Tapas, Flamenco and bulls' blood mix with Moorish palaces and Roman ruins: OutUK's
Adrian Gillan finds oranges aren't the only low-hanging fruit in Seville, Spain's
fourth largest city.
Capital of Andalucía in Spain's sultry south and fourth largest Spanish city after
Madrid, Barcelona and Valencia: the old port of Seville - before it silted up and
receded inland - launched Christopher Columbus to (re)discover the New World and was then torn
between Muslim & Christian marauders for centuries.
The 2¾-hour flight from London parks you at the airport a few miles north east of
centre; then a dirt-cheap 20 minute bus ride takes you in to just south of the
Cathedral and historic core. Before you hit the gay scene, do take some time to
take in the city's best loved sights.
Catedral de Santa María de la Sede as it's officially named is one of the world's largest.
Inside you can see Christopher Columbus' tomb and climb the Giralda Tower for stunning views of the city.
Skip over the road to be dazzled by the faultlessly intricate
Moorish vistas and symmetries at the magical Alcázar Palace, with its huge, yet
intimate ornate Gardens - an endless paradise of some immaculate topiared hedges,
with orange-brimming trees, tweeting sun-basking birds and shady fish-swishing pools.
Closeby is the University of Seville, built in the 18th century as a vast Tobacco factory
and known for being the workplace of Bizet's fictional heroine Carmen.
The Giralda Tower.
To continue your journey go across to the gigantic coloured-tiled, crescent-shaped Plaza de
Espana and then beyond to the shady, well-kept Parque de María Louisa.
Stroll back up the historic River Guadalquivir - from the banks of which many an Earth-shattering
voyage set forth - whiffing the dung from the huge Maestranza bull ring as you go.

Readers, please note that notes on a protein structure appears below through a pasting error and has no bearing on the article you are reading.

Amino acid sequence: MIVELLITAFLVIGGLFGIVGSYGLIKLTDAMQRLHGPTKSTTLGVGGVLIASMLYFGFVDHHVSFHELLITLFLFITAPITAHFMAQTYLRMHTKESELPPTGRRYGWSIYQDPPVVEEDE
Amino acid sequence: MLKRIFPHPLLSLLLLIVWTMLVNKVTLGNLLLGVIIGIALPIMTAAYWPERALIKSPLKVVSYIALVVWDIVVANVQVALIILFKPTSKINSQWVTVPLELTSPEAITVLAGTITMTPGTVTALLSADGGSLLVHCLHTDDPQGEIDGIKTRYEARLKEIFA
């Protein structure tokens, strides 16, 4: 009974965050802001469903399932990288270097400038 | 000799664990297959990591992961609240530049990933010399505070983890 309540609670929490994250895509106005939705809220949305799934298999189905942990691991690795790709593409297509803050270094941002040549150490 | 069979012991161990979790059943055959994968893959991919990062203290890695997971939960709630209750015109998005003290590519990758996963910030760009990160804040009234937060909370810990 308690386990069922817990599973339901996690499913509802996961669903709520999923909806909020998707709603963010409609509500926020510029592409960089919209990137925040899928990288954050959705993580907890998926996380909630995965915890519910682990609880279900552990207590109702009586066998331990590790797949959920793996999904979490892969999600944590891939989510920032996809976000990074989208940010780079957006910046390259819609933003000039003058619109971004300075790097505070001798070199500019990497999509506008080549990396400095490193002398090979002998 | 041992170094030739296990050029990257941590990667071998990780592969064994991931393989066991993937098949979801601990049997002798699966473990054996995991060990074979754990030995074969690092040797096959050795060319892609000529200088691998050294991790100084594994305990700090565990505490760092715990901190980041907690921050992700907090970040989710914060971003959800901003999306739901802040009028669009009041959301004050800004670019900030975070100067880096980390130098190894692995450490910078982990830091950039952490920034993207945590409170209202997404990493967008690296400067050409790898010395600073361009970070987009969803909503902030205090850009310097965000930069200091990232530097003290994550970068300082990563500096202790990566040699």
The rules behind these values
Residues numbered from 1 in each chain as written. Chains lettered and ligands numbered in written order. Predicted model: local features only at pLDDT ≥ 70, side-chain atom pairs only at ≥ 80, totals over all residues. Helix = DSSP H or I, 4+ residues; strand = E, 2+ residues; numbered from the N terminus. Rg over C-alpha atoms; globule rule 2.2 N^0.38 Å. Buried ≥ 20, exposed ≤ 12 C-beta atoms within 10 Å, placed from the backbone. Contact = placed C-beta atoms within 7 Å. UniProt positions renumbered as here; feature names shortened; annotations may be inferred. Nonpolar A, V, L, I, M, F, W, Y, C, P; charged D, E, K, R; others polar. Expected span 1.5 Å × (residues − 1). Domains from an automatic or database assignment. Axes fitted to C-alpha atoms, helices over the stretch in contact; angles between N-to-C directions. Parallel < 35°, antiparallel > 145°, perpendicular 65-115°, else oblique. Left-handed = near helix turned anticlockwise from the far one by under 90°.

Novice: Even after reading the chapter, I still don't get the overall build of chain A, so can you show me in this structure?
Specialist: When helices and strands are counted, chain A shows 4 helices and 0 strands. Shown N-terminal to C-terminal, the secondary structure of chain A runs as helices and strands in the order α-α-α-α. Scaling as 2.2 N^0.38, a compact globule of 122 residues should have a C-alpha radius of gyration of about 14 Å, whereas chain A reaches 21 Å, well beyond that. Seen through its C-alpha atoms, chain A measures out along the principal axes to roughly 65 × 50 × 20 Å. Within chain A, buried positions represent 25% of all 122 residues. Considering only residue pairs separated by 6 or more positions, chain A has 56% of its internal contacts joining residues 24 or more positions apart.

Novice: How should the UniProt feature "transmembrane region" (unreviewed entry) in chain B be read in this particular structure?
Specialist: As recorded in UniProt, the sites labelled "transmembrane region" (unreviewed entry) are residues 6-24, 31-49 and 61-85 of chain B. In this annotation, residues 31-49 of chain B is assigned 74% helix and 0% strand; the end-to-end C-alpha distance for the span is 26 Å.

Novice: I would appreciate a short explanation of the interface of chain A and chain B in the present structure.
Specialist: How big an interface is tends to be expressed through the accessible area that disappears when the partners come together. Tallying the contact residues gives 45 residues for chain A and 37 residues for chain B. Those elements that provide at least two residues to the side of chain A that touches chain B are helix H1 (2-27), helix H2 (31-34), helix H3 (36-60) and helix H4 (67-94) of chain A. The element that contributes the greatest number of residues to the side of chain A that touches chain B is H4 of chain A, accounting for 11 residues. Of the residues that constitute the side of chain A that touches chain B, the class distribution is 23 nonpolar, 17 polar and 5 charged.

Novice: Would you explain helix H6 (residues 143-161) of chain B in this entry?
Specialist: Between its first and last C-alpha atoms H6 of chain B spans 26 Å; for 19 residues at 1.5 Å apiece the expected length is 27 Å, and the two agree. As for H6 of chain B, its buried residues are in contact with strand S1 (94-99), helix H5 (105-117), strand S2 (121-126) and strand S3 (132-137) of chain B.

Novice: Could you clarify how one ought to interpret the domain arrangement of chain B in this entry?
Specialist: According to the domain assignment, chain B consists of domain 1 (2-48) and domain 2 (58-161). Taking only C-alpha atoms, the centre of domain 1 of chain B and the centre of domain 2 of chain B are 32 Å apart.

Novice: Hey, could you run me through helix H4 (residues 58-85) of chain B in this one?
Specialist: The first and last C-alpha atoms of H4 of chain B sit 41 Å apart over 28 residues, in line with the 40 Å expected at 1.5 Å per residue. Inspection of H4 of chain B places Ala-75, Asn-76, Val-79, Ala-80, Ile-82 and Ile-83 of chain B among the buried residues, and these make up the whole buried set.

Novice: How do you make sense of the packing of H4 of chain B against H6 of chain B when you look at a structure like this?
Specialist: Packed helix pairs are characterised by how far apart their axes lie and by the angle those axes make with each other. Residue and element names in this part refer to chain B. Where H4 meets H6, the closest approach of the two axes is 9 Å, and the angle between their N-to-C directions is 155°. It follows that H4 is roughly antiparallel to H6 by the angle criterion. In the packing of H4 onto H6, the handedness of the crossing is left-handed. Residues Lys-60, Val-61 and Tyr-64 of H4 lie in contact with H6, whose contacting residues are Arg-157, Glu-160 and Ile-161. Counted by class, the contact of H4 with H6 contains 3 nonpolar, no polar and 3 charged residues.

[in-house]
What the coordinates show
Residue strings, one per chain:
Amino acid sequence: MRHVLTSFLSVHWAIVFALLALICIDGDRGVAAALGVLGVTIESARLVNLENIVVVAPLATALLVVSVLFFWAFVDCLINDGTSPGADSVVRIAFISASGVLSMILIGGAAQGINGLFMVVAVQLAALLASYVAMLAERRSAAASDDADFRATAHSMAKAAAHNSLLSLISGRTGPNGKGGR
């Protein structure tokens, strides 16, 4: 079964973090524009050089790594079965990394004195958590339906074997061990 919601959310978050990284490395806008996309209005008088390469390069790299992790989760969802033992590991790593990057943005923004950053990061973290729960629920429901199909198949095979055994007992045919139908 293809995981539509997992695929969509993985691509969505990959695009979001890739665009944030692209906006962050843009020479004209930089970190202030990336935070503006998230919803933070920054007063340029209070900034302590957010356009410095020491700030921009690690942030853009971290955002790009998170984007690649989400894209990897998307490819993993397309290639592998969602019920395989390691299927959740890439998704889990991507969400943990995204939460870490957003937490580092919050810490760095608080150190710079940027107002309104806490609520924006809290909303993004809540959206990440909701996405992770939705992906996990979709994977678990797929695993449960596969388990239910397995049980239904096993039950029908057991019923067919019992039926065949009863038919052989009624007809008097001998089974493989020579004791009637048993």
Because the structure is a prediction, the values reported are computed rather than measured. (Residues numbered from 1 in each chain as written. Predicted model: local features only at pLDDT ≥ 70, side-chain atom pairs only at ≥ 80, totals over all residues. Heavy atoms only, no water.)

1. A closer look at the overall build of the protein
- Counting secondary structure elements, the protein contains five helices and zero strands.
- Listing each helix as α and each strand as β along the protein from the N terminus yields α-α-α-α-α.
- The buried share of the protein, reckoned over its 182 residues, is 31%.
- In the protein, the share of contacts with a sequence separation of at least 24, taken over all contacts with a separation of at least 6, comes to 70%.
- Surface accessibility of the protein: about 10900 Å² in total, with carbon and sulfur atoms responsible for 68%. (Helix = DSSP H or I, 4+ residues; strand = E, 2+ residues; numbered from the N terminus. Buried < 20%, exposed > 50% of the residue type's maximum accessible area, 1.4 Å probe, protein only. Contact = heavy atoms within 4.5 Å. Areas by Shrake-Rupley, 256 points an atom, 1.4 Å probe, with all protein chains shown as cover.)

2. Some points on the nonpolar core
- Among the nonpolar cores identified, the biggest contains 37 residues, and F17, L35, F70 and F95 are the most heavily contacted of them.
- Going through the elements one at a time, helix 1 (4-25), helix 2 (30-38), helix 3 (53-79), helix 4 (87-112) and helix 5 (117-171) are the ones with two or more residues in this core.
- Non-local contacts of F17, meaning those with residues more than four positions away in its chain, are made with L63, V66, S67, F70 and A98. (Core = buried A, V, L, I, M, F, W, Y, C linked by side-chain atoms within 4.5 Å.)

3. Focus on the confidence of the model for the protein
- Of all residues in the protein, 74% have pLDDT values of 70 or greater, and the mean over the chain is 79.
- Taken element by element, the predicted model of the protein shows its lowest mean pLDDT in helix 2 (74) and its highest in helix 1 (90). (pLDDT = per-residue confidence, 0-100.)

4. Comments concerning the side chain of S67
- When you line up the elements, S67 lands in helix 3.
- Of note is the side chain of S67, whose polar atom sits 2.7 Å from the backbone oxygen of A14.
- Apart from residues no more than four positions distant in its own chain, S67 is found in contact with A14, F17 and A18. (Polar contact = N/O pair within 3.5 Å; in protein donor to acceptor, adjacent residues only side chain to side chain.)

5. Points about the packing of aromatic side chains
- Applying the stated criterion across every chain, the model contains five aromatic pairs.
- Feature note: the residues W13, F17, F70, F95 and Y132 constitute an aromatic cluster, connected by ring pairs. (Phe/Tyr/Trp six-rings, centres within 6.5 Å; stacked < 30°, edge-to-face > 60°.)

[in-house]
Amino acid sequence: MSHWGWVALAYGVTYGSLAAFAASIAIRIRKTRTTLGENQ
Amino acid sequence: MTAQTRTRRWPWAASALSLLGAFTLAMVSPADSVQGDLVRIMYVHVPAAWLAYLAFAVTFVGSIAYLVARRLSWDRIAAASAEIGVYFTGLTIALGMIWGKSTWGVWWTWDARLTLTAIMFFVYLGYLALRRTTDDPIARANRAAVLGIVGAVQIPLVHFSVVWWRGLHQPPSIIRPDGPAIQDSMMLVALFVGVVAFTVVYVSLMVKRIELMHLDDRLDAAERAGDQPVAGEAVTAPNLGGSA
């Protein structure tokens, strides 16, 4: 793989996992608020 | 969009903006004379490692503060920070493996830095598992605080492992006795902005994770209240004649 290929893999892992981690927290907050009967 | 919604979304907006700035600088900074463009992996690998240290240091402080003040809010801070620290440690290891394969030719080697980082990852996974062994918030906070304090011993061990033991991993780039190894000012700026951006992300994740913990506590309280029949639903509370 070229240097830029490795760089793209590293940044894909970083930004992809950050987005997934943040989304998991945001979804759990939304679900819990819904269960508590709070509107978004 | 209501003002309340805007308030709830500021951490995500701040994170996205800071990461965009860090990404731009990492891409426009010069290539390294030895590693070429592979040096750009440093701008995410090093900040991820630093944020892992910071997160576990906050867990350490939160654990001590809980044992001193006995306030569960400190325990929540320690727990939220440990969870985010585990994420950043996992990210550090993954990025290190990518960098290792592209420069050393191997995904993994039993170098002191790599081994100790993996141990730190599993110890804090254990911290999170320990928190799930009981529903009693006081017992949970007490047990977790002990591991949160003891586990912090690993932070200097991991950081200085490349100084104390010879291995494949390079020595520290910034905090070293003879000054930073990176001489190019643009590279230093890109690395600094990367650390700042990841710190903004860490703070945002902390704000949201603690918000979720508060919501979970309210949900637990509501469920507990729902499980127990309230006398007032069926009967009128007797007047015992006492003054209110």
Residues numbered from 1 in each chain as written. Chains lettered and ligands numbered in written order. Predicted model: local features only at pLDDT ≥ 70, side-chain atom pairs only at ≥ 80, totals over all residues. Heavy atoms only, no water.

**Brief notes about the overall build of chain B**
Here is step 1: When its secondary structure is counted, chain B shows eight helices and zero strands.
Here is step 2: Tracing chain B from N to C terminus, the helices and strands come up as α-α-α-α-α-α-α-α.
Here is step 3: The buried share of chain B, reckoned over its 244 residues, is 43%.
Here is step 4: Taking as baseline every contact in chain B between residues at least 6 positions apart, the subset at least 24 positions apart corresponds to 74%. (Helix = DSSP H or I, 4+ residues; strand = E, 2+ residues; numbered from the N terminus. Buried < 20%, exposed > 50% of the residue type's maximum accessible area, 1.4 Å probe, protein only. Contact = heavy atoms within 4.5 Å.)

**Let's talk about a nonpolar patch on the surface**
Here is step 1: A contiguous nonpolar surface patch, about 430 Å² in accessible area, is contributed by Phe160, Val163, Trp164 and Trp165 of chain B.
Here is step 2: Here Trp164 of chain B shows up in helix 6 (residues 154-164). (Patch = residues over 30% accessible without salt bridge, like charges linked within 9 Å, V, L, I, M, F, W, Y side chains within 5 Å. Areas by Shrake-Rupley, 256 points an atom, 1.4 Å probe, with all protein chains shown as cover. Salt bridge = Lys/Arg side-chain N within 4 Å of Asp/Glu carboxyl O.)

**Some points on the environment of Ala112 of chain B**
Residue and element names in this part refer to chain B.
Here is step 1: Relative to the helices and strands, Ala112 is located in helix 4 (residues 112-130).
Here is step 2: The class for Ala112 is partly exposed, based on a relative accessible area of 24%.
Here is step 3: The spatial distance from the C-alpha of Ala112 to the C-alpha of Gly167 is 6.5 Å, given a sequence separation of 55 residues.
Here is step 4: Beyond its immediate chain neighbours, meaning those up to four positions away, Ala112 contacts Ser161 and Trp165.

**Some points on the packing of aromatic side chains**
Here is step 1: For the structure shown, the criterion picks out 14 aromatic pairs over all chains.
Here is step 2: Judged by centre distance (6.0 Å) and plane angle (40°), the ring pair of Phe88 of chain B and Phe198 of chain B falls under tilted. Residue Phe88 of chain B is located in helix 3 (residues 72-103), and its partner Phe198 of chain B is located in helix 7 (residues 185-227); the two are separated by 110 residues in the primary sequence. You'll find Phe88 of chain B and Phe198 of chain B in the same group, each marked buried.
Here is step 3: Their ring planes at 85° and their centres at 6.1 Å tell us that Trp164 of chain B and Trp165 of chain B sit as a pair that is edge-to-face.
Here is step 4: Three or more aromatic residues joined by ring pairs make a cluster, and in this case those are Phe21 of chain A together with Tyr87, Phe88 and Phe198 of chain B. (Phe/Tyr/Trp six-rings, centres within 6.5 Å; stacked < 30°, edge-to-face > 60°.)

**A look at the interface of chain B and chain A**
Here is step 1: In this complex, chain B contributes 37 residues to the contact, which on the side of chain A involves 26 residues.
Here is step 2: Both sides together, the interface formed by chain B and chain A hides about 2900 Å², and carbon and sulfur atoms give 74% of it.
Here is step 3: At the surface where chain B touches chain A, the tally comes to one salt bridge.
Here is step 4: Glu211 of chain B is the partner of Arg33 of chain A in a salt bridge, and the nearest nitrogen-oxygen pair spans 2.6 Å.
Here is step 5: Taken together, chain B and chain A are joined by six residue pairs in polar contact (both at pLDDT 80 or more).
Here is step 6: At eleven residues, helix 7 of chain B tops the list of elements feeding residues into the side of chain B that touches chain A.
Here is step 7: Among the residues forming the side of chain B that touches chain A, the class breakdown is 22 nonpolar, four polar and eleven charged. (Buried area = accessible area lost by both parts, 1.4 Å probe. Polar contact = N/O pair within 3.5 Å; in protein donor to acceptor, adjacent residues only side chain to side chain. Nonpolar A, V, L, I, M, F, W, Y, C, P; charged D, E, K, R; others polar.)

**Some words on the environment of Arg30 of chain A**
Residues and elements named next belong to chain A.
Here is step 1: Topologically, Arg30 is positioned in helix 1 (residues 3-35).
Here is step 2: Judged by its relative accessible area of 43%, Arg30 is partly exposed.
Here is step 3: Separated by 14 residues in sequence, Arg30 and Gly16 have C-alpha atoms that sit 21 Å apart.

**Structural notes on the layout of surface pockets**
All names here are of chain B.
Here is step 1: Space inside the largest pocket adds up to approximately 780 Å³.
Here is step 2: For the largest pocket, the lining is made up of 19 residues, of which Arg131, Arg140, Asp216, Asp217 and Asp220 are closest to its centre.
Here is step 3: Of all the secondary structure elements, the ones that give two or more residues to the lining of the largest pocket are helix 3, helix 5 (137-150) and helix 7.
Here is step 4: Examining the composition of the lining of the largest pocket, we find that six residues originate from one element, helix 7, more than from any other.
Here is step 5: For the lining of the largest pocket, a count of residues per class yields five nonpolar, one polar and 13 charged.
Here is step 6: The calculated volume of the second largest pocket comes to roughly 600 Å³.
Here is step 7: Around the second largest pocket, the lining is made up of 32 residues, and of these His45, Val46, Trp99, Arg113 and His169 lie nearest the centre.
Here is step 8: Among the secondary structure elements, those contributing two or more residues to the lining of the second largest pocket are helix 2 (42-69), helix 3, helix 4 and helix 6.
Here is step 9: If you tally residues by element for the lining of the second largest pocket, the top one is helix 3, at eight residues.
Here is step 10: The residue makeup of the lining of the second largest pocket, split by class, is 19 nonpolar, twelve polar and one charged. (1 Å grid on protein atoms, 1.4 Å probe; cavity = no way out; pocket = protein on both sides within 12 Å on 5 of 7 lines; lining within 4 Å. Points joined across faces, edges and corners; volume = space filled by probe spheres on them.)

Cross the ornate Triana Bridge into its namesake barrio - famed for Flamenco and
gypsy roots, though more gentrified now - to lunch or dine, depending on the time.
Again, schedule-permitting, gorge on local painters Murillo & Zurbarán back over
the river at the Museo de Bellas Artes; or bus it out a few miles to the ruinous
Roman city at Itálica, where Trajan and - most likely - Hadrian were both born,
to explore the 200BC, 20,000-seat amphitheatre, communal baths and miles of mosaics.
As darkness falls, muster just north of Seville's historic centre, around
Macarena - ayeeeeeeee… yes, the self-same as crooned over in that irritatingly
rather addictive international pop hit; or, for queerest things, the nearby Alameda de
Hércules - a long stretch of dusty ground where crowds of local youths mainly
gather to booze and cheat the night away.
View of the Alcázar Palace.
FOOD FOR THE SOUL
Mentiroso Café-Bar is an LGBT friendly cafe bar with modern, laid-back atmosphere, and some good and friendly staff. The smell of incense inside is a bit overwhelming but you can comfortably sit outside under the warm halogen lamps. It's good for a date or casual chat.
Top tip: as ever in Spain, to pace your night, have
an early eve club nap; then don't eat before 11.30pm, nor hit bars before
1am nor clubs pre-three!
There's a good selection of gay bars like:
El Gallo Negro on Calle Arfe, which has some of the best strawberry mojitos ever. It's a great place to
hangout with locals and somewhere to party at night too. A little loud but always a good time!
Versalles Bar de Copas on Calle Arias Montano is a nice little bar in a quiet street near the Alameda place.
Cheap drinks and the allure of an outdoor terrace in a LGTB friendly environment.
You'll find that most of the LGBT and Gay bars muster around Alameda
de Hércules. Start your crawl at the friendly and informal El Barón Rampante ('the Rampant Male')
on side-street Calle Arias Montano. Bartenders are super cool and there's a nice vibe to the music!
If you nip next door into its adjacent bar sidekick El Bosque Animado
you'll find punters from both mingling gaily on the road outside.
Close by, 1987 Bar is another option - it's a pretty busy place on weekends, known for its mix of very danceable
music from the 70s, 80s and 90s - if one can find a spot to dance on as this small venue
gets crowded rather quickly. It's very LBGT-friendly, cozy and serves good cocktails.
CC BY-SA 4.0 via Wikimedia Commons
If you just want to cop off, head straight for PRIDE B4R / Men to Men
back over on Calle Trajano, just below Alameda de Hércules. They haven't quite made their mind up what this place is called.
It is not the typical dark nightclub or bear bar that made you feel
uncomfortable in the past. PRIDE B4R / Men To Men is on two floors, with fairly spectacular lighting, a dancefloor with DJs, and although 100% masculine
it attracts a varied croud - young and mature, locals and visitors, bears and next-door pals.
To jive, hit Itaca on Calle Amor de Dios - though not, as said, 'til 3am.